The schools have to reopen.
Also, there’s no way the schools can reopen.
But they’ve gotta reopen, right? They must. Our kids need to learn, and they need to learn in classrooms, from teachers, in person. Every one of them is at a crucial stage in their learning – that stage between the last thing they learned and the next one. We know that they tend to unlearn things during breaks – researchers call it “summer learning loss.” Imagine the catching up that will be required if we stay closed and online only.
The schools must reopen.
And yet the schools can’t reopen. Not safely. Not wisely. Coronavirus is in full-blown community spread in Spokane right now. Since Memorial Day, when so many of us decided to take off the rest of the pandemic, every unhappy metric of the disease here has accelerated. Health officials cannot “box in” all cases by tracing contacts and identifying infection pathways, which means it is loose among us and crackling through the undergrowth.
One main guideline for school reopening from the Centers for Disease Control and Prevention (before those guidelines were edited and softened by the White House) was this: No community spread. We’re not close to that. About a third of our cases last week did not have an “epidemiological link” – meaning officials could not connect them to a previously known case. Meaning they don’t know where it came from. We can’t reopen.
But we must. Online learning, at least in the form it took last year, was dismal. It was unwieldy and confusing; some of it seemed almost written off, too easy – box-checking make-work. When it was challenging, parents were ill-equipped to help. And the level of cajoling and motivation required of parents to get the kids to the computer, keep them on task and make sure they’re doing it right is damn near a full-time job. How in the world are children who need the most help going to get it? They aren’t. The district and the teachers have all worked very hard under incredibly trying circumstances, and this is no knock on them. But months of more online learning is no substitute for the real thing.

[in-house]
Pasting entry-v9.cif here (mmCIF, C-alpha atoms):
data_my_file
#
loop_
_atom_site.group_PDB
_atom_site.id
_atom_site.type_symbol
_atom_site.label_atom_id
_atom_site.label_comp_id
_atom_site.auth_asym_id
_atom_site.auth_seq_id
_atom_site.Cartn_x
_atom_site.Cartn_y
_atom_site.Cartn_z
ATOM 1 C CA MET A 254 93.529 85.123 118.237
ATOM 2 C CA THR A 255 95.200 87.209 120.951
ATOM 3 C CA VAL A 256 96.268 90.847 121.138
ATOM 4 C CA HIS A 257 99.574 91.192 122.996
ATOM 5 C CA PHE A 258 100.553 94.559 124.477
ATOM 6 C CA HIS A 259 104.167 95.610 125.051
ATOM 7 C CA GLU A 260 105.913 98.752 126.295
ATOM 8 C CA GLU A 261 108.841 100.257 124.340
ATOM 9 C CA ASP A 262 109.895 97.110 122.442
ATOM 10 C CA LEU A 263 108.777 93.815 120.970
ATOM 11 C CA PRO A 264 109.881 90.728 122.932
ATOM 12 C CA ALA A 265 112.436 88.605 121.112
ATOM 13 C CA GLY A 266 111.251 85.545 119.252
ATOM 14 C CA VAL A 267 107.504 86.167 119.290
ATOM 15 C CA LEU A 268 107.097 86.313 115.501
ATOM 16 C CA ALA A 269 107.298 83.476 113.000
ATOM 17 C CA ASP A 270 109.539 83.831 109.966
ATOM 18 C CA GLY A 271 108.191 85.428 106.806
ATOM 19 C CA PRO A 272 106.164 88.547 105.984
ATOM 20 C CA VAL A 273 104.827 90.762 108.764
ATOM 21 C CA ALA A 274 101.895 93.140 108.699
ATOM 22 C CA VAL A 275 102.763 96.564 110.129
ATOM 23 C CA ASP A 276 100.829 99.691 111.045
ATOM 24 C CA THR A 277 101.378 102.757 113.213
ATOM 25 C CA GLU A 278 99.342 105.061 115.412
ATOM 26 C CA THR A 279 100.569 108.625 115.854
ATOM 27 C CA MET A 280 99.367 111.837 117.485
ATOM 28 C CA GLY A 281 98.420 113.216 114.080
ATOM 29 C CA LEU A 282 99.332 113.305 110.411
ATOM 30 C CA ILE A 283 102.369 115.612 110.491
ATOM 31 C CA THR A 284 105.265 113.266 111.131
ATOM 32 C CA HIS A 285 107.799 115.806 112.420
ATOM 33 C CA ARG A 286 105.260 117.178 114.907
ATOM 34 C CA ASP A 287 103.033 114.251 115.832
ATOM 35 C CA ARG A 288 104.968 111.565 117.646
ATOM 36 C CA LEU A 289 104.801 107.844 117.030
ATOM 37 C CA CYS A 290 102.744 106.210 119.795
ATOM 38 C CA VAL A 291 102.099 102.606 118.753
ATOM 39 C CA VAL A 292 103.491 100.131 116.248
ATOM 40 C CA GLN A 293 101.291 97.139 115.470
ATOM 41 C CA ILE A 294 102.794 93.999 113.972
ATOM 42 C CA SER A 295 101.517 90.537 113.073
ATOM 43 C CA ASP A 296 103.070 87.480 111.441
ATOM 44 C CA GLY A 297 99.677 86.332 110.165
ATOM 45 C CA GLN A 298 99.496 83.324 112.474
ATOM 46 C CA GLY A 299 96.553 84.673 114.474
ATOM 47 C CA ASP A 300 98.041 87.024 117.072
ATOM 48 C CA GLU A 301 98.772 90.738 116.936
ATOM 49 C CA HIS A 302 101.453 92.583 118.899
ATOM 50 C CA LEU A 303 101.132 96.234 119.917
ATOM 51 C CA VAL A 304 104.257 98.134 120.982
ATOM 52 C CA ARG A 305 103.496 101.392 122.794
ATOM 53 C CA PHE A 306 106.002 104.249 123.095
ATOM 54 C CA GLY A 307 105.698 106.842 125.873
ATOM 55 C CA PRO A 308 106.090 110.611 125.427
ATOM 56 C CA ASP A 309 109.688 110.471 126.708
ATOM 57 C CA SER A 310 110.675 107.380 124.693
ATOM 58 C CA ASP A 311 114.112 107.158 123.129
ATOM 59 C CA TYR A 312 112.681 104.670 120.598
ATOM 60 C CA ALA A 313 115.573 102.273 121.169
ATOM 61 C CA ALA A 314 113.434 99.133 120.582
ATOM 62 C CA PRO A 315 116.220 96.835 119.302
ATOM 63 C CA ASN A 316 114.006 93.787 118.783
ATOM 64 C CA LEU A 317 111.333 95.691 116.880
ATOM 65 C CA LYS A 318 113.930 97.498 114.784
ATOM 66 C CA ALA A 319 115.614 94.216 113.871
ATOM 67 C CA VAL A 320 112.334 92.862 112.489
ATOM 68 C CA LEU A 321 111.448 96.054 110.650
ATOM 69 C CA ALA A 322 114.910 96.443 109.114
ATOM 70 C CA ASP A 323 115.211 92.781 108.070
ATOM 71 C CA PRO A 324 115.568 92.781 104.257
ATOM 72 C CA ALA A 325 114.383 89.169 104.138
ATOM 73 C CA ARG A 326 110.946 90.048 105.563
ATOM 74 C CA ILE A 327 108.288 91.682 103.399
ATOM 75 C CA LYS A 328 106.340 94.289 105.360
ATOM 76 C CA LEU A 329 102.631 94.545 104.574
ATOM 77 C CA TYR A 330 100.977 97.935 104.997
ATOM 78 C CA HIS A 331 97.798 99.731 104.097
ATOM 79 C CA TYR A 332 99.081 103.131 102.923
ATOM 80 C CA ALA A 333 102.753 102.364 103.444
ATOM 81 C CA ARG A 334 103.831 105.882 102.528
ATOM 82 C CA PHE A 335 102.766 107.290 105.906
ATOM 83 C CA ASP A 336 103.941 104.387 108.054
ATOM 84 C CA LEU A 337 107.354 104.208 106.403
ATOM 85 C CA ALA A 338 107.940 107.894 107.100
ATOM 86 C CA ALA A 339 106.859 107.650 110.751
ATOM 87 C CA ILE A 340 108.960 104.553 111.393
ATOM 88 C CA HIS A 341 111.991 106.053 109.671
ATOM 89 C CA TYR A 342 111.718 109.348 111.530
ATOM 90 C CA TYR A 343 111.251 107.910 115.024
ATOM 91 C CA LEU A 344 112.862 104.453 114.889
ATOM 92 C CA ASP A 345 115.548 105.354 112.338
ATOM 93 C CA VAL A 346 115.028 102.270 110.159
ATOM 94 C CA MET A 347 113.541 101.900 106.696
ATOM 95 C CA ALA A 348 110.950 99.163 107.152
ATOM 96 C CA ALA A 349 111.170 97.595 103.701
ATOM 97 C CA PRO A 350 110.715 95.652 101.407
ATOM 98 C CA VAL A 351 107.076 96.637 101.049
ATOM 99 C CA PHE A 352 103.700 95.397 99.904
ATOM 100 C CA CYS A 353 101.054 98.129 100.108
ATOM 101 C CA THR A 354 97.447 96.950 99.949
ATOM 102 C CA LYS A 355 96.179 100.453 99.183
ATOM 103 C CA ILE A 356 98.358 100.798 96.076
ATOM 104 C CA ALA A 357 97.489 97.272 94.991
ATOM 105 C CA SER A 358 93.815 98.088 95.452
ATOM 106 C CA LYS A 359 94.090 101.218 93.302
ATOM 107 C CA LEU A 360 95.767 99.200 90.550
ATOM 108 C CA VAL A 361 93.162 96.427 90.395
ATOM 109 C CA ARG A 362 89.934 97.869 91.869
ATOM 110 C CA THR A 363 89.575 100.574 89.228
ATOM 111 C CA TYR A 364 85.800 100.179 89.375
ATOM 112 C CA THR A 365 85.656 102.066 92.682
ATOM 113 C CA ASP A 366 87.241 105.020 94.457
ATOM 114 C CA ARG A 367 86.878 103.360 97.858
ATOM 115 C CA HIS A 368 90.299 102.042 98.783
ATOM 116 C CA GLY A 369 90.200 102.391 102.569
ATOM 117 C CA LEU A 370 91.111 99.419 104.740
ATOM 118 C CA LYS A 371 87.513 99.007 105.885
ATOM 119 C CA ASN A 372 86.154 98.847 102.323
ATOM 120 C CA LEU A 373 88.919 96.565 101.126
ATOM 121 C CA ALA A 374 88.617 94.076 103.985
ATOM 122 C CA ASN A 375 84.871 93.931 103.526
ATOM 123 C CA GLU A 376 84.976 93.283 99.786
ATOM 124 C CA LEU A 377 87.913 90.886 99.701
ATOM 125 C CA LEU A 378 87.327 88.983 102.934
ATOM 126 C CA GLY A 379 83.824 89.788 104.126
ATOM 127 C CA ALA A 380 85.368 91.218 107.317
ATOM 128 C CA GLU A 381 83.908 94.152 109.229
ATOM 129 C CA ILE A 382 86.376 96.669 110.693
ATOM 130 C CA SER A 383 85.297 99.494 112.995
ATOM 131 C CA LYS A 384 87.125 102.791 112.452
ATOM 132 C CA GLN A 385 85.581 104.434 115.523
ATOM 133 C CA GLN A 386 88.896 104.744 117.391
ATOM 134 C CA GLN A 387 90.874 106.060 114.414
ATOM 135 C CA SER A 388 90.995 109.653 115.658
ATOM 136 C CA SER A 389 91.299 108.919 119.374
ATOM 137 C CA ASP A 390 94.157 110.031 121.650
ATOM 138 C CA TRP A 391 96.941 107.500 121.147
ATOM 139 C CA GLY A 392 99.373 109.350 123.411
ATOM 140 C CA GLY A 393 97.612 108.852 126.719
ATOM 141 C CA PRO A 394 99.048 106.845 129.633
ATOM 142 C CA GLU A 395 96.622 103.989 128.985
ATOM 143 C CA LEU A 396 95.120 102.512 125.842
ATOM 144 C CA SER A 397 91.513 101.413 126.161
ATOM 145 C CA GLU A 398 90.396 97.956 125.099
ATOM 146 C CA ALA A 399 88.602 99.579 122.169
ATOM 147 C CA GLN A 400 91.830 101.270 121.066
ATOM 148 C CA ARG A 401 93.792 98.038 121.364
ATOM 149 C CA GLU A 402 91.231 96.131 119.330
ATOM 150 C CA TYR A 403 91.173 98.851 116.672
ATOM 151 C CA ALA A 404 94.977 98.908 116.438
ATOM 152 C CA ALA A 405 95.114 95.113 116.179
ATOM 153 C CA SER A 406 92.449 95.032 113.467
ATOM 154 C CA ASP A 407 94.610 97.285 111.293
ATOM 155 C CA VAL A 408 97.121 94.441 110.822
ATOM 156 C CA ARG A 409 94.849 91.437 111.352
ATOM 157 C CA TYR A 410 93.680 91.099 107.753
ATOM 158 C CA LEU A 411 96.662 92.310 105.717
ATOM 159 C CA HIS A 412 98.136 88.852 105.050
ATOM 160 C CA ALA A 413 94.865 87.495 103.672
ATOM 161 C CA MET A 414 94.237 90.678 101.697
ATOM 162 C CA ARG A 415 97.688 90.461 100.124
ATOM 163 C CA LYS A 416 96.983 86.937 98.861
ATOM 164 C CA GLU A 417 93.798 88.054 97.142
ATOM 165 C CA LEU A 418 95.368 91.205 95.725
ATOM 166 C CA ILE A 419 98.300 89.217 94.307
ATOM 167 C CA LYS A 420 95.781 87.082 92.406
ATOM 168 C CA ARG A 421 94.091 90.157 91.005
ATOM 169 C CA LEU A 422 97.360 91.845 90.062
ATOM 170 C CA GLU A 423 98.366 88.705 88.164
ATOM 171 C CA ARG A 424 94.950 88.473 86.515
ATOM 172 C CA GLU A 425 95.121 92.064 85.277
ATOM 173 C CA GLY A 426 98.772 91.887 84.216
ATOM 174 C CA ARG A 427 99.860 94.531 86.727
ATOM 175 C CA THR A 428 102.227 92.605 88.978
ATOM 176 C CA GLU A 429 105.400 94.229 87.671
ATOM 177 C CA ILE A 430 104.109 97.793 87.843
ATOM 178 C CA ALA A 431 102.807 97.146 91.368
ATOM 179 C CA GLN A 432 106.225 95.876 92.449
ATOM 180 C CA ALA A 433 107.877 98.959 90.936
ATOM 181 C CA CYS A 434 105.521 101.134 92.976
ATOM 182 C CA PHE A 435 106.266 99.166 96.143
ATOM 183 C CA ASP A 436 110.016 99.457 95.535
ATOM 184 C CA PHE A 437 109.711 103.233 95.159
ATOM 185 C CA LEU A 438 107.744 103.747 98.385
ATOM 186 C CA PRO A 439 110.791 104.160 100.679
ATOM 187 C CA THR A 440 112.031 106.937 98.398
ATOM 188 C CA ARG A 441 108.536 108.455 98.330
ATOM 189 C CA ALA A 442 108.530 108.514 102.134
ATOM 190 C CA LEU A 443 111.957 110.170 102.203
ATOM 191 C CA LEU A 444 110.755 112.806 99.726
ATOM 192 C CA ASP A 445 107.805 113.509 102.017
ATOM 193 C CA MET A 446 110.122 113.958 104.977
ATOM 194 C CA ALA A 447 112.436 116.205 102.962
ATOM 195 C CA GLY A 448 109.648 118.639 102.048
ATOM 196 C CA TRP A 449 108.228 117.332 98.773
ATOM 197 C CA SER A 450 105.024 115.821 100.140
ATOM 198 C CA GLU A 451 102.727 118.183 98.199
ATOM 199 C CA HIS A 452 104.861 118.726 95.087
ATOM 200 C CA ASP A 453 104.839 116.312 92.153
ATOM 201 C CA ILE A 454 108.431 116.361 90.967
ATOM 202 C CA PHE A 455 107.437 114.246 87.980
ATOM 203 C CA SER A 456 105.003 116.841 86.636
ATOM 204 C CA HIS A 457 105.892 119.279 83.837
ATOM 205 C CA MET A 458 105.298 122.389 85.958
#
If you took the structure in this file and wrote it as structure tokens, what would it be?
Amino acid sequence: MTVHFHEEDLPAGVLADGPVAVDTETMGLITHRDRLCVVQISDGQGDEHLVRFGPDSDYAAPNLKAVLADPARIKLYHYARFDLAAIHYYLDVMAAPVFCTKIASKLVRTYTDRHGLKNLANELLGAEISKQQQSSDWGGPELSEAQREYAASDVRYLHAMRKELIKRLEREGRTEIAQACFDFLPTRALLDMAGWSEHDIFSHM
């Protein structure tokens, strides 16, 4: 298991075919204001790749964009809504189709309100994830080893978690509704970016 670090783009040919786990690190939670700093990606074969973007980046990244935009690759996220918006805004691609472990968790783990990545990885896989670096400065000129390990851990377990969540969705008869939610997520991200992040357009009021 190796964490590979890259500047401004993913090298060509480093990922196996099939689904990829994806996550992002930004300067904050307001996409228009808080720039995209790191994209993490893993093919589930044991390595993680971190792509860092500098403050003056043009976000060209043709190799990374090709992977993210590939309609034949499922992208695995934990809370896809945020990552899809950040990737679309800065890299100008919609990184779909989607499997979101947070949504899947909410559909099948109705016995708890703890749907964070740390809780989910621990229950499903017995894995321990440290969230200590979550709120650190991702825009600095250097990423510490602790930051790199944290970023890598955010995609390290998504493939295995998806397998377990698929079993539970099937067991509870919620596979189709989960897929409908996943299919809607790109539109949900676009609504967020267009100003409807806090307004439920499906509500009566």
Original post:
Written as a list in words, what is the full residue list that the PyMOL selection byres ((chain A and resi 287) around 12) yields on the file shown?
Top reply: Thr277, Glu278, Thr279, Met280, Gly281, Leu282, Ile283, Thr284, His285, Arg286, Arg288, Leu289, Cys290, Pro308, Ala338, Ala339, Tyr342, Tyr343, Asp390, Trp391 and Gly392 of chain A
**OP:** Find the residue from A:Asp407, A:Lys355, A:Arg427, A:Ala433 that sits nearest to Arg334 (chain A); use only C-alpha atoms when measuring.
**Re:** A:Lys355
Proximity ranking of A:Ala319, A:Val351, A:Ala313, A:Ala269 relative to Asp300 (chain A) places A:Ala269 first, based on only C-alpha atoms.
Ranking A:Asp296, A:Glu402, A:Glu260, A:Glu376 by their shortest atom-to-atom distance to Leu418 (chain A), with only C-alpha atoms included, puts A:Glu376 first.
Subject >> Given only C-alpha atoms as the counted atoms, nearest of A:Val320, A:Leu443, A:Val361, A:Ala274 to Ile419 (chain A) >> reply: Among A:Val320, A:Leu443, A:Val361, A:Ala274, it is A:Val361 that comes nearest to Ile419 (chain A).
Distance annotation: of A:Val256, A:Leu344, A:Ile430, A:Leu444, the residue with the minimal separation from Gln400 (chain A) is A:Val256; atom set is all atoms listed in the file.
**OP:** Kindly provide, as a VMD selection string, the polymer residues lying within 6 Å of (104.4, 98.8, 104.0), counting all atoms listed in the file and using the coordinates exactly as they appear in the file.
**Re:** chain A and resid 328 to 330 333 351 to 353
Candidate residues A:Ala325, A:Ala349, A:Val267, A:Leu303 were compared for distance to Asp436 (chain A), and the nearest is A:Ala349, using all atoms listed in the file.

We’ve got to reopen the schools.
It would be crazy to reopen the schools. Crazy. While there are some indications that young children do not spread the virus as much as adults, there are also indications that kids above age 10 do spread it just as effectively as adults. What we know about the virus is evolving and incomplete. And while there is ample reason to think COVID-19 is not usually very harsh for kids, there are outlier cases and even fatalities among children – all of which is to say nothing of the safety of the staff and faculty, whose lives will be put in very real danger by a reopening, and the safety of every other member of the community that may be touched by the web of connections formed at schools.
We have had nearly 500 cases of COVID-19 in Spokane County among those ages 19 and below. About 300 of those have come in July. What we know for sure about school in normal times: you could not design a better vector to spread illness. Into and out of the schools the kids go, bringing in whatever there is at home and taking back whatever there is at school. Also, the lesson of the virus so far is that wishful thinking and attempts to control or ignore it have backfired at every turn, whether in the bars or pro sports or the White House. The virus stomps past half-measures and high hopes. Opening the schools would be folly.